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Friday, May 4, 2018


Twenty-two years. Last May it had been almost 22 years since I had seen my attacker. I was out on a date with my husband. We were dining outside and he had gone back in to get our food when I saw him. I have never felt anything so sickening before. It felt like carnal fear and the death of hope. Tears poured from my face and I shook. I bolted to the car.

I had been praying about speaking to a counselor for a few weeks prior. Prom season was a yearly reminder as I would see the dresses and the decked-out teens popping up. I asked my God, should I speak to someone after all this time? Will it just dredge up feelings best left alone? And then, that night at the restaurant, God had given me my answer.

I never felt responsible for what my attacker did to me. I did hold shame over the abusive relationship that I had continued in, even as it escalated from insults to vile, wicked words and then physical harm towards me. I never expected the violence would escalate as it did that night. There were two others present who could have helped me, who saw and heard my begging and pleading, but they turned and walked out. No call, no help would come for me. It was horrific. Violent. I feared for my life. Mercifully, there is much I do not remember. And he brought roses to school and delivered them to me in my portable classroom the next Monday. The girls in 6th period swooned. I threw them in the trash. The sight of roses would make me sick for years after.

I asked my God why had He forsaken me? And my identity grew in bitterness and shame as I felt like a vessel that had been broken, smashed and crudely glued back together. And for years I after I would hurt others with my acting out. Twenty-two years of shoving down shame and blame, holding my disgrace so tight in my hands, hoarding it away like a precious jewel, though it rotted me. Refusing to bring any of it before my God, who had allowed it.

But my God is strong. He has the final say about me

What I thought I wanted in my healing was a story about ME. About MY healing and MY pain and MY transformation. What I discovered, after months of deep counseling and praying and digging in, is that this is a story about GOD. My journey was one of realizing that I had so tightly held onto so much pain because beginning to release it to Jesus felt like my saying that what happened didn't matter. Didn't crush me. What God has shown me is that it did matter. It does matter. And that His power, His rescue, His triumph over death, it also played out in shame. In suffering, in so much disgrace. But ultimately in victory. In re-creation. In resurrection.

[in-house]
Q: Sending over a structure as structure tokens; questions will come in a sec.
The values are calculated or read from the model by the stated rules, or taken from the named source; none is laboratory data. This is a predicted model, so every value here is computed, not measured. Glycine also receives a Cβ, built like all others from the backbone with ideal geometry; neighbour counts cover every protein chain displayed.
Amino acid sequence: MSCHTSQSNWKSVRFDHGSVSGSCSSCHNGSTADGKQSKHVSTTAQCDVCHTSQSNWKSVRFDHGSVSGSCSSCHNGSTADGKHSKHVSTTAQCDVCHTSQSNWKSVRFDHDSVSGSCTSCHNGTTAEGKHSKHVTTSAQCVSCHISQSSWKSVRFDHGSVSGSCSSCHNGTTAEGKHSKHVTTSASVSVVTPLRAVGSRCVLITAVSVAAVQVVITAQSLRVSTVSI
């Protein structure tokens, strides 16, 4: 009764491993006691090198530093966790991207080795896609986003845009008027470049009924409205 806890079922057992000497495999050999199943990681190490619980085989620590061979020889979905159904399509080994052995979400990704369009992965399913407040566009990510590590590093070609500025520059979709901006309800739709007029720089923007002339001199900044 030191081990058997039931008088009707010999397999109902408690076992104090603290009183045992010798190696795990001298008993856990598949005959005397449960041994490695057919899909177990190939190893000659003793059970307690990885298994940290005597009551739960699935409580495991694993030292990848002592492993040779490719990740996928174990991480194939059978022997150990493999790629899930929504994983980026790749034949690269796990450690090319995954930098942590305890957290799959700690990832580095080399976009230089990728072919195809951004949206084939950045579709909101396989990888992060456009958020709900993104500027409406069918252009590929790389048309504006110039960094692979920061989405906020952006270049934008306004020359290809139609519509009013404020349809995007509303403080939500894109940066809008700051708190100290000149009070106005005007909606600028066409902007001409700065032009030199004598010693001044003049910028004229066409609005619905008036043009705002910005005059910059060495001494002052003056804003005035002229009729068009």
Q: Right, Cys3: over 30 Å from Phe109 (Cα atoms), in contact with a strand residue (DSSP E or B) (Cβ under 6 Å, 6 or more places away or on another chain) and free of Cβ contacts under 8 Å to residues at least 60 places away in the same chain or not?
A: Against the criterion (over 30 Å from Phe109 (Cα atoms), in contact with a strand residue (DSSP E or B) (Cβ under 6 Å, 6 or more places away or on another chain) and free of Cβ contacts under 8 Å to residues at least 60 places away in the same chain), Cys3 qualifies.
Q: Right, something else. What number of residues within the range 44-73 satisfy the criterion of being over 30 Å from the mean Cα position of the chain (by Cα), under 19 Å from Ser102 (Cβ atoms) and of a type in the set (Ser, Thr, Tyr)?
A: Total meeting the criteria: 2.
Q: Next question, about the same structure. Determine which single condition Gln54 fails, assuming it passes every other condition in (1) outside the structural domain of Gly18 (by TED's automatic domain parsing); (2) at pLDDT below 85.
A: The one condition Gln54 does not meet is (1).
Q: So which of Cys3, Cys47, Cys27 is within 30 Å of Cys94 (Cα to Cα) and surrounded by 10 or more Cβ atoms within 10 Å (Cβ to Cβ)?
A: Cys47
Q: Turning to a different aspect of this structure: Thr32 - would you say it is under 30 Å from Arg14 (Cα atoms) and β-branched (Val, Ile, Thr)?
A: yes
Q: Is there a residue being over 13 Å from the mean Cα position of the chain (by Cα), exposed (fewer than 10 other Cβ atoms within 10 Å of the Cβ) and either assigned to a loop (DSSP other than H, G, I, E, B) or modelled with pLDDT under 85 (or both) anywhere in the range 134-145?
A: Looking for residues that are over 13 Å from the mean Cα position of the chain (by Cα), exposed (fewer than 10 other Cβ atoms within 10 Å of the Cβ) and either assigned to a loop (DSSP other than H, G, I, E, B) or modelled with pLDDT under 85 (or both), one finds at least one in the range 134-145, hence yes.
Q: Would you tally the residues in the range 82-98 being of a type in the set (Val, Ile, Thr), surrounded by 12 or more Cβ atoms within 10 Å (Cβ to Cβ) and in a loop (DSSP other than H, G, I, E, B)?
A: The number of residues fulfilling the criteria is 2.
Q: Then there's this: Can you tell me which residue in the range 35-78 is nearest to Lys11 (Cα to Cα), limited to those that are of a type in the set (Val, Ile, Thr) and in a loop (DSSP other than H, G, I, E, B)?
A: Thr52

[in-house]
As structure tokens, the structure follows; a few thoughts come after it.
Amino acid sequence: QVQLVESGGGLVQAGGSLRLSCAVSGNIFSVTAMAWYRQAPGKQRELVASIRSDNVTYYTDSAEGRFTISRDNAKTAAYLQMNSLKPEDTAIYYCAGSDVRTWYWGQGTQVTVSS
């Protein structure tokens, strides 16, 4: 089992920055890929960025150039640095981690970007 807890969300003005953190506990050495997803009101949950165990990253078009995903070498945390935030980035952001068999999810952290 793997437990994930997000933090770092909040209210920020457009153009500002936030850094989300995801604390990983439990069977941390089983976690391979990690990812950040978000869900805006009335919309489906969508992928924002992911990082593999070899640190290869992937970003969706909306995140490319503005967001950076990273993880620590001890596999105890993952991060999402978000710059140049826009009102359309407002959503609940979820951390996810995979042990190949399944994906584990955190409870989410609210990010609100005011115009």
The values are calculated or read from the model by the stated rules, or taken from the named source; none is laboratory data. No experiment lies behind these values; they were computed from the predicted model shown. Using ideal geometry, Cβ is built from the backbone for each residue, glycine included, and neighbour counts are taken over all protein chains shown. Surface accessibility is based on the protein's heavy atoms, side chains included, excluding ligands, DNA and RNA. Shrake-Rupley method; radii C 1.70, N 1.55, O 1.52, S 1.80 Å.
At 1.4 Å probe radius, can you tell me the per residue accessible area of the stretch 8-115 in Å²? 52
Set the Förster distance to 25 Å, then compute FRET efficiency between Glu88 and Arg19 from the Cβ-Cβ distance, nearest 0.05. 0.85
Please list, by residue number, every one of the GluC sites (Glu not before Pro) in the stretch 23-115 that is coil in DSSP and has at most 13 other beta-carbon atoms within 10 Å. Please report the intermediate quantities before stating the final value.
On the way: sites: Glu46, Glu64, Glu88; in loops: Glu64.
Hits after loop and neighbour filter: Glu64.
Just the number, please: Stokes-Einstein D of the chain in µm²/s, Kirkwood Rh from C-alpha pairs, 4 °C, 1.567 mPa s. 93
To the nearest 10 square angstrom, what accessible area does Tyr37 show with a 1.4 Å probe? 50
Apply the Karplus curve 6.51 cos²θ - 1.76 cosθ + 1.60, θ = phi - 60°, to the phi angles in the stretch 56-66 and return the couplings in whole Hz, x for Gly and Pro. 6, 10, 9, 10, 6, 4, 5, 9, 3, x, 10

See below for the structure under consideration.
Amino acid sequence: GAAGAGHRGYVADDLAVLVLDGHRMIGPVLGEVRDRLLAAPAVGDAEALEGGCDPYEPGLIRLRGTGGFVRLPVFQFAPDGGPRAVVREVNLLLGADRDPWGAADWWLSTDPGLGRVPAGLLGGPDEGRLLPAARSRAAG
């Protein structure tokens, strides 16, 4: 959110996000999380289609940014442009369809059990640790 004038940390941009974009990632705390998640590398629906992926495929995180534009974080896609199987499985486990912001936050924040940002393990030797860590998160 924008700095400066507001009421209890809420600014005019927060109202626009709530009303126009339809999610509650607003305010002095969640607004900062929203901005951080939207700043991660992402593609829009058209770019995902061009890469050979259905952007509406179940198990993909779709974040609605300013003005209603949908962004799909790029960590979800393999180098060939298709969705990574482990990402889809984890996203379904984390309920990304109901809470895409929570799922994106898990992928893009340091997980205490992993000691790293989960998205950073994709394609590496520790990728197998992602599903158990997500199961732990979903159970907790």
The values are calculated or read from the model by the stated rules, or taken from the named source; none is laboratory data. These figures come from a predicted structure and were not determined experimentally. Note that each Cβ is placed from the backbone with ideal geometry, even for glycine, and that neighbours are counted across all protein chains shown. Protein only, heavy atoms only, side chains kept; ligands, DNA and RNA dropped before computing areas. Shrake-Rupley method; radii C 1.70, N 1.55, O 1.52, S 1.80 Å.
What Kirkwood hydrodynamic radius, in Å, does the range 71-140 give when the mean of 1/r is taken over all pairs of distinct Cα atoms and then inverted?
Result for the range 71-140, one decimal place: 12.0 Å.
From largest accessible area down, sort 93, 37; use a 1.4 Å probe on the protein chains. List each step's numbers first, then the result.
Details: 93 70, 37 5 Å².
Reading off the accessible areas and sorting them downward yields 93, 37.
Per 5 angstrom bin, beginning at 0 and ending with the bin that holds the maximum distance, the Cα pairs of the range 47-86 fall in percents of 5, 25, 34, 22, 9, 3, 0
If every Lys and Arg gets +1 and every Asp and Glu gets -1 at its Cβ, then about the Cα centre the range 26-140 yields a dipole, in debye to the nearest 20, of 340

"Behold I am doing a new thing; now it springs forth, do you not perceive it? I will make a way in the wilderness and rivers in the desert." Isaiah 43:19

My suffering, turned inward, was rotting me. Christ's suffering, turned OUTWARD, was redeeming me. Re-creating me. But this also required me to look beyond myself and turn to Him. To look to His disgrace that gave me grace. His shame and death took the sin committed against me, my own sin, and even the shame of it all. Covered it, wiped it, carried it away. Letting it go was the hardest. Choosing to look at Jesus when I want to turn inward, when I desire to be God of my own broken kingdom more than I desire freedom and rescue and resting in His finished work.

Jesus, not me, is the fullness of God's plan. HIS work, HIS obedience, HIS record accomplishes salvation and rescue for me. When I am struggling, run-down, fearful, anxious, stuck in a dark place of remembering, I can turn to Him, without shame.

And He asks me how I want to be known. By my brokenness, my past? Or do I want to be know by His saving, re-creating, unrelenting, ever-pursuing love? Do I want to be seen FOR my scars or THROUGH my scars as I am the re-made, rescued, {and through my suffering closer to Christ}, Image Bearer?

My prayer, my declaration, is what my Father says: That I will stand in the shelter of the Most High God. That I will radiate Jesus.

Thursday, April 12, 2018

Standing in Shalom

Fullness of peace.

Standing in the wholeness of God when there are so many opportunities for conflict.

So much injustice in the world.

So much pride and ignorance.

The desire to share what we are all AGAINST more than what we are FOR.

To hear any rebuke as an attack instead of [perhaps] wisdom coming from The Father.

God has taken me on a journey so far this year. Showing me that standing in shalom is more than just sitting in a yoga pose and wanting everything to be comfortable. More than minimalism and simple living philosophies.